Mobile promotions level the playing field for Chevy Chase in building consumer loyalty, Kirsch continues. Customers still receive the same neighborly service, but Chevy Chase is able to collect personally identifiable, quantifiable data as to shoppers’ brand preferences, visit frequency, basket contents and more. Program members simply provide their mobile numbers at the checkout counter to receive special prices or other offers communicated by text message. Thirty percent of the grocer’s core shoppers participate.
Cards Identify Customers, Phones Engage Them
Often Mobile Lime’s clients augment their existing rewards programs with mobile marketing. “Plastic is a nice medium to identify relationships, but benefits and status can’t talk to you through plastic. A cell phone might be a way to do that,” says Bob Wesley, CEO of Mobile Lime.
He cites a claim that 218 million Americans use mobile phones today, many affecting more than just voice communications. “They use them to connect with important people and significant relationships,” he tells CRM Buyer. They also enable a dialogue whenever, wherever consumers make decisions. CPG (consumer packaged goods) brand choices rarely are made at the household mailbox or home PC.
Wesley acknowledges that building loyalty isn’t simply pushing consumers to buy more. It’s about nurturing a relationship. So Mobile Lime is a dialog tool. Consumers can request entree to a rewards program by text message, receive points summaries and new product information through short-message service, and provide instant feedback on shopping experience, product availability, clerk friendliness or loyalty benefits.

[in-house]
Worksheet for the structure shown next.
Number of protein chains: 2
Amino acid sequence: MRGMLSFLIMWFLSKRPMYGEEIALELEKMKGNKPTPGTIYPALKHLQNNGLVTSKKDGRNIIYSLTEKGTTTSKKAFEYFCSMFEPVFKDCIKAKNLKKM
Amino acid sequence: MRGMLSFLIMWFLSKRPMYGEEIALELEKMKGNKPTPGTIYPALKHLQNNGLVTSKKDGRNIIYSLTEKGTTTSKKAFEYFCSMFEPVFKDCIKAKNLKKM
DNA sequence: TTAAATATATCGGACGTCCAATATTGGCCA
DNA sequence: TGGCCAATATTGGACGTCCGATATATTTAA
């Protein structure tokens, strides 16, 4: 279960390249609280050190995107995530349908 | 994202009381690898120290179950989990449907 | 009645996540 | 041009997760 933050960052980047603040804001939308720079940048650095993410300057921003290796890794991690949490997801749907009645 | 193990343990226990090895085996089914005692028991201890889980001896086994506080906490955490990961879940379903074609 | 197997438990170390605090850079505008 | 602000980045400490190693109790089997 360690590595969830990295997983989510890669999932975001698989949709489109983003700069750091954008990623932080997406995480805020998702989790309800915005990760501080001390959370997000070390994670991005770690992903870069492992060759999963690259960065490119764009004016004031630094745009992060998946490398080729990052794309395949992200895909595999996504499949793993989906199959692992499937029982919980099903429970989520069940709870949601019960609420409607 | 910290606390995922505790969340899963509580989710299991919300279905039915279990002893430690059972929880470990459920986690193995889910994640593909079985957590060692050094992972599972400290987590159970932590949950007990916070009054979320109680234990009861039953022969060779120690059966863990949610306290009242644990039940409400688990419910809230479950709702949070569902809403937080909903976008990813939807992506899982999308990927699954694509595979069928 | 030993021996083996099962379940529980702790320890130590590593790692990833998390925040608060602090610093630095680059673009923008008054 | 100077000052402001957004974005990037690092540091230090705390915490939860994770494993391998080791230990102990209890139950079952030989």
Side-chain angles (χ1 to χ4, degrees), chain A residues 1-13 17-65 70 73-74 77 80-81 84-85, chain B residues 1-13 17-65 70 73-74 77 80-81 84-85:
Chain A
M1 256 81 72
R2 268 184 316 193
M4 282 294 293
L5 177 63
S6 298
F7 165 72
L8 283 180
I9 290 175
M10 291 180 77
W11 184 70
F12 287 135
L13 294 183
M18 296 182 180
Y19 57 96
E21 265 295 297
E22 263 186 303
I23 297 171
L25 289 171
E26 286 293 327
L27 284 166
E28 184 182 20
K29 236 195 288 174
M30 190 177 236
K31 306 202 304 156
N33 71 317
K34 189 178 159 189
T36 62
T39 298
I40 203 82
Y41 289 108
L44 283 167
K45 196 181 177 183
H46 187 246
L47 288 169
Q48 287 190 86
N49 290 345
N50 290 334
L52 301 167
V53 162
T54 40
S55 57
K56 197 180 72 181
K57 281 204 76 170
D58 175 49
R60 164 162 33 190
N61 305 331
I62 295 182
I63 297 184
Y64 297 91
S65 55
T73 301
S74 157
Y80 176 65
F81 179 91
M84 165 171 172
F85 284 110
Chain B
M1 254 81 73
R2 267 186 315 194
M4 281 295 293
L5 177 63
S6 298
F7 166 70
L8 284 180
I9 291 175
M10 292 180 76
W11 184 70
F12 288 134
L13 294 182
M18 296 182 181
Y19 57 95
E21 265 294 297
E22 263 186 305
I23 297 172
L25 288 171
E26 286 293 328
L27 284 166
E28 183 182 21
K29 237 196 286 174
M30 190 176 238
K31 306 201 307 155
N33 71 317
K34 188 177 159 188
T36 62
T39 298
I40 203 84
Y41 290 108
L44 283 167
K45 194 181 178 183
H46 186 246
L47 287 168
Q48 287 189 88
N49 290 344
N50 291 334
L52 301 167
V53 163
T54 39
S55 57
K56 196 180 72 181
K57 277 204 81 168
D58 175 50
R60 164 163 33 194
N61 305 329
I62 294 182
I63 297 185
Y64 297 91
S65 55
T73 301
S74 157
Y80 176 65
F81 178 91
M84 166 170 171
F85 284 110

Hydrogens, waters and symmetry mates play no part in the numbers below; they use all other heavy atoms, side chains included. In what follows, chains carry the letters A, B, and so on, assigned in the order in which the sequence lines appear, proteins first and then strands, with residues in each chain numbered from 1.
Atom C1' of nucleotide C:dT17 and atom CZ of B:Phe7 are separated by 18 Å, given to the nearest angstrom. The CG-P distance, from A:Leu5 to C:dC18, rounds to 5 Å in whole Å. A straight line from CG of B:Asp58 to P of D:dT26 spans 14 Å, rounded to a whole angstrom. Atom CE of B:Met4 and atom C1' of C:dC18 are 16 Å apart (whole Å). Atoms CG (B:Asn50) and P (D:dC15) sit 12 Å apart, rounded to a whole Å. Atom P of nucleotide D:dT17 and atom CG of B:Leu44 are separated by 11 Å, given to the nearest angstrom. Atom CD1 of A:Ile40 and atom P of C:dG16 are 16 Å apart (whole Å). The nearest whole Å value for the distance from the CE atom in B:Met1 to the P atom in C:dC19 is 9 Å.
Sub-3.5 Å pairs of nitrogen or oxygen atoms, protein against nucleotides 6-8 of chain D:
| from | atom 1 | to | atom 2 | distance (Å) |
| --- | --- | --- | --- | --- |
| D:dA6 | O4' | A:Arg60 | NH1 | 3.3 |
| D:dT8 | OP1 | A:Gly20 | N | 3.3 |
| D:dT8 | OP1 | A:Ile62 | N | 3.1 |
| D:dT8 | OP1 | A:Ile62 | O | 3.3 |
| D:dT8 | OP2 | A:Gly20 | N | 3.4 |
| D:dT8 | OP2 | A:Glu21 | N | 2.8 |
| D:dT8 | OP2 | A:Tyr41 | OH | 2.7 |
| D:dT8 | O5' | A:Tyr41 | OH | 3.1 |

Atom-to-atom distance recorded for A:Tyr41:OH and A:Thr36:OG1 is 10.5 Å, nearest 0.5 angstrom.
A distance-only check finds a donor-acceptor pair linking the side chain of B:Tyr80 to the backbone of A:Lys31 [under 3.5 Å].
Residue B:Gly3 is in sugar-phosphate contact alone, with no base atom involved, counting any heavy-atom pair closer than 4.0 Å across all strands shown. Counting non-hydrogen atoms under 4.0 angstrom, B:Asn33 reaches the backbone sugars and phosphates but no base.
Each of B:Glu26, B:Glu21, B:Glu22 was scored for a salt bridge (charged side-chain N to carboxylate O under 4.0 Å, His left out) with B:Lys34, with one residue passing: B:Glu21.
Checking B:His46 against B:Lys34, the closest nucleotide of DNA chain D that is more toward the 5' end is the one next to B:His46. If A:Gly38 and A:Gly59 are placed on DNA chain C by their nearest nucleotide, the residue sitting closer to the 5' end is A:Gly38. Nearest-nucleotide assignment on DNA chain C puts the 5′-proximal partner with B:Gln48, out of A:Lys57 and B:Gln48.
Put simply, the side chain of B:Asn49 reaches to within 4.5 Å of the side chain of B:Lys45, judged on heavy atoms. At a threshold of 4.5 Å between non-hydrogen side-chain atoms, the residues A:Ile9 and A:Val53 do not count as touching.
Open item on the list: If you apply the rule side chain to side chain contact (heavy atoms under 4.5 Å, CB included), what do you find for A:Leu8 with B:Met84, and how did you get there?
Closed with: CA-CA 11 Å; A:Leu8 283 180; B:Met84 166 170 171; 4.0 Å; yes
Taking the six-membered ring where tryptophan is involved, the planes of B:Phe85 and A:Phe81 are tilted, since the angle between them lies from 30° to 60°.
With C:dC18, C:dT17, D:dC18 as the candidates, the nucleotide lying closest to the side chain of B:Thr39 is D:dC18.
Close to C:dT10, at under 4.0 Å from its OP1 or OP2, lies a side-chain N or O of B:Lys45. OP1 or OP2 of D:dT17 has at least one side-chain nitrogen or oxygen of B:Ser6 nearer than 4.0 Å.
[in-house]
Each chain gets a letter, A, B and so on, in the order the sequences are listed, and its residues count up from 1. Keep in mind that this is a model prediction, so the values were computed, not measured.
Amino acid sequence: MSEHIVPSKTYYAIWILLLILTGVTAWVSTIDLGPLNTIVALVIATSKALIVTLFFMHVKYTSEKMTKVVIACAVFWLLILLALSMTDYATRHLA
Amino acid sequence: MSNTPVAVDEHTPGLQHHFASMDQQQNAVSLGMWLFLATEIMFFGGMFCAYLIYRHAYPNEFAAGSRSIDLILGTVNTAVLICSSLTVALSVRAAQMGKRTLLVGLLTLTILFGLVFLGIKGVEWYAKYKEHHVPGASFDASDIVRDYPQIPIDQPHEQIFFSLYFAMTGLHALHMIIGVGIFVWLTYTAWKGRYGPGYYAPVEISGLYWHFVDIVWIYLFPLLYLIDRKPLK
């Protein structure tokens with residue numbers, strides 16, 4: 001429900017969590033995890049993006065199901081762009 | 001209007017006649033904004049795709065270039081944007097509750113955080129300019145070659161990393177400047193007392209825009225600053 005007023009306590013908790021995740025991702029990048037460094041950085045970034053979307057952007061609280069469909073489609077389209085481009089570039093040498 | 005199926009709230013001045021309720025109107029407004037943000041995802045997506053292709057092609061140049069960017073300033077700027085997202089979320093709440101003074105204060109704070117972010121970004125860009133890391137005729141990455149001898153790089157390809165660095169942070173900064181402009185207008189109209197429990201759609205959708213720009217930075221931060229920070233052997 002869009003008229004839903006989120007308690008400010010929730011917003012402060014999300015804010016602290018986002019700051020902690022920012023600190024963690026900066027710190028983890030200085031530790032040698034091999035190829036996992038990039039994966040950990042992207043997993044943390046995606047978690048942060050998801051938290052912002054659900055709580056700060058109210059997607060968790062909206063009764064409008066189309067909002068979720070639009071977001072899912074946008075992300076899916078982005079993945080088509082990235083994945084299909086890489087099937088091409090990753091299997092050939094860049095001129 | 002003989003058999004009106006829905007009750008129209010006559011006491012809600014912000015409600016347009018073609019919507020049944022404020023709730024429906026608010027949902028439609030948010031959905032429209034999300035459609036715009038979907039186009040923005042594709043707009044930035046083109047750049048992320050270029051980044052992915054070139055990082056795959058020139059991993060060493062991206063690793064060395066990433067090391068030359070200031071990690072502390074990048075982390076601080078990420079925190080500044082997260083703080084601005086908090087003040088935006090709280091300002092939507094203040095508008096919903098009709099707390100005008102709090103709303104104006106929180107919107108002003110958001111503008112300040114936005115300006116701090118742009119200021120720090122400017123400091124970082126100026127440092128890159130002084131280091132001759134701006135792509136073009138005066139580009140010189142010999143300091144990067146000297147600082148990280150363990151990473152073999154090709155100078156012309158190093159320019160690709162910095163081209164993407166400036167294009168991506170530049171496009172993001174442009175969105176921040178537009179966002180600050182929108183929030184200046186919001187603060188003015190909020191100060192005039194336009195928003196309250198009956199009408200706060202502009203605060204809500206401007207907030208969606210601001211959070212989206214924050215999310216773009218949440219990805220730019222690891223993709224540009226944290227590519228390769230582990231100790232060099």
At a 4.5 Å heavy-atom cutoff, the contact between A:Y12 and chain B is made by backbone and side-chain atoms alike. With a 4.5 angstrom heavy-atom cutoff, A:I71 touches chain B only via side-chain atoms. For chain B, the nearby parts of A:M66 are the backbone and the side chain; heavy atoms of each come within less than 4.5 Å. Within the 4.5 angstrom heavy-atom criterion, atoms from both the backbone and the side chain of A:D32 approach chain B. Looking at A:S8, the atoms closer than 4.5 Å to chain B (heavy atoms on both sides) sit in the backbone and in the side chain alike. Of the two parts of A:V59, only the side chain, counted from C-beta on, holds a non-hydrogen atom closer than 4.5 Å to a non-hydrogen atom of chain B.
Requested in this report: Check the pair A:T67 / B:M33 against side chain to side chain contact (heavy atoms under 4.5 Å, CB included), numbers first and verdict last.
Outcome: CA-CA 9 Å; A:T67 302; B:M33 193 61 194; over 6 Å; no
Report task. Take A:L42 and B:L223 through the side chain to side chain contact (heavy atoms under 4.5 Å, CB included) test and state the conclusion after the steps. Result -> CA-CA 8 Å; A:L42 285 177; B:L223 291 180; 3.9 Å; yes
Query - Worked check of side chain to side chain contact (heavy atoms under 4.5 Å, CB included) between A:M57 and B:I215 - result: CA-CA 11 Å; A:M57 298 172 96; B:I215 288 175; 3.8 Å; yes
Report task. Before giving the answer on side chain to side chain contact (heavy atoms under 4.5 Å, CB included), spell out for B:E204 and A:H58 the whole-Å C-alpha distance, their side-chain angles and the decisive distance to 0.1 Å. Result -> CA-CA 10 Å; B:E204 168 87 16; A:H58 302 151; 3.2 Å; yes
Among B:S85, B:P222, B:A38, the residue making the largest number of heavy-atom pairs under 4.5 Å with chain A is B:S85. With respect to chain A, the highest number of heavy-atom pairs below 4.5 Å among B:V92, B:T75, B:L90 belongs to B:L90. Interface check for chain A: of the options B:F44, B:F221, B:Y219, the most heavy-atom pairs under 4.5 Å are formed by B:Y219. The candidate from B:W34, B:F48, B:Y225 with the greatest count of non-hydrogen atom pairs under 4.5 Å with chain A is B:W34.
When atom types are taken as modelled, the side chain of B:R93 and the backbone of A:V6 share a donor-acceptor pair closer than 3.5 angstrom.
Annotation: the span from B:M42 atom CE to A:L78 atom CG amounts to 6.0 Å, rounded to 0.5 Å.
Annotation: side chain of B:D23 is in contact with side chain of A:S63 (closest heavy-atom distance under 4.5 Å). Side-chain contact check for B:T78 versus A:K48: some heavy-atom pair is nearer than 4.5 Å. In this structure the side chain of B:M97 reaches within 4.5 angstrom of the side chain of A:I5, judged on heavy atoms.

Eighty percent of Broadway Marketplace’s customer base in Cambridge, Mass., receives mobile promotions and incentives toward building customer loyalty. The Mobile Lime customer regularly achieves a 24 percent response rate to personalized text messages.
Another high-frequency retailer has experimented with mobile marketing. This summer, Starbucks introduced a trivia sweepstakes campaign through which it began collecting data on marketing via wireless phones. Starbucks and others running mobile promotions and incentives don’t have enough information yet to determine if the time and channel is right to win customers’ love on the go, says Julie Ask, senior analyst at JupiterResearch.
Early results, however, show that mobile response rates top those in all other media, she tells CRM Buyer. That may be due to high value benefits such as $5 gift cards, free product and entry into lotteries for bigger prizes. However, it may also be the ubiquity of the channel and the fact that it fits into the consumer’s pocket, hand or even directly into his ear.
There is a lot going on in trying to build loyalty through the mobile medium, but the efforts certainly are not mainstream, Ask notes. “They are a really small percentage of interactive budgets. Most people aren’t aware of them.”
Ask participated in the 57-question Starbucks trivia contest in July, texting some answers to product-related questions and submitting mobile phone photos for others. Though, she says she wouldn’t have been aware of the campaign had she not read about it.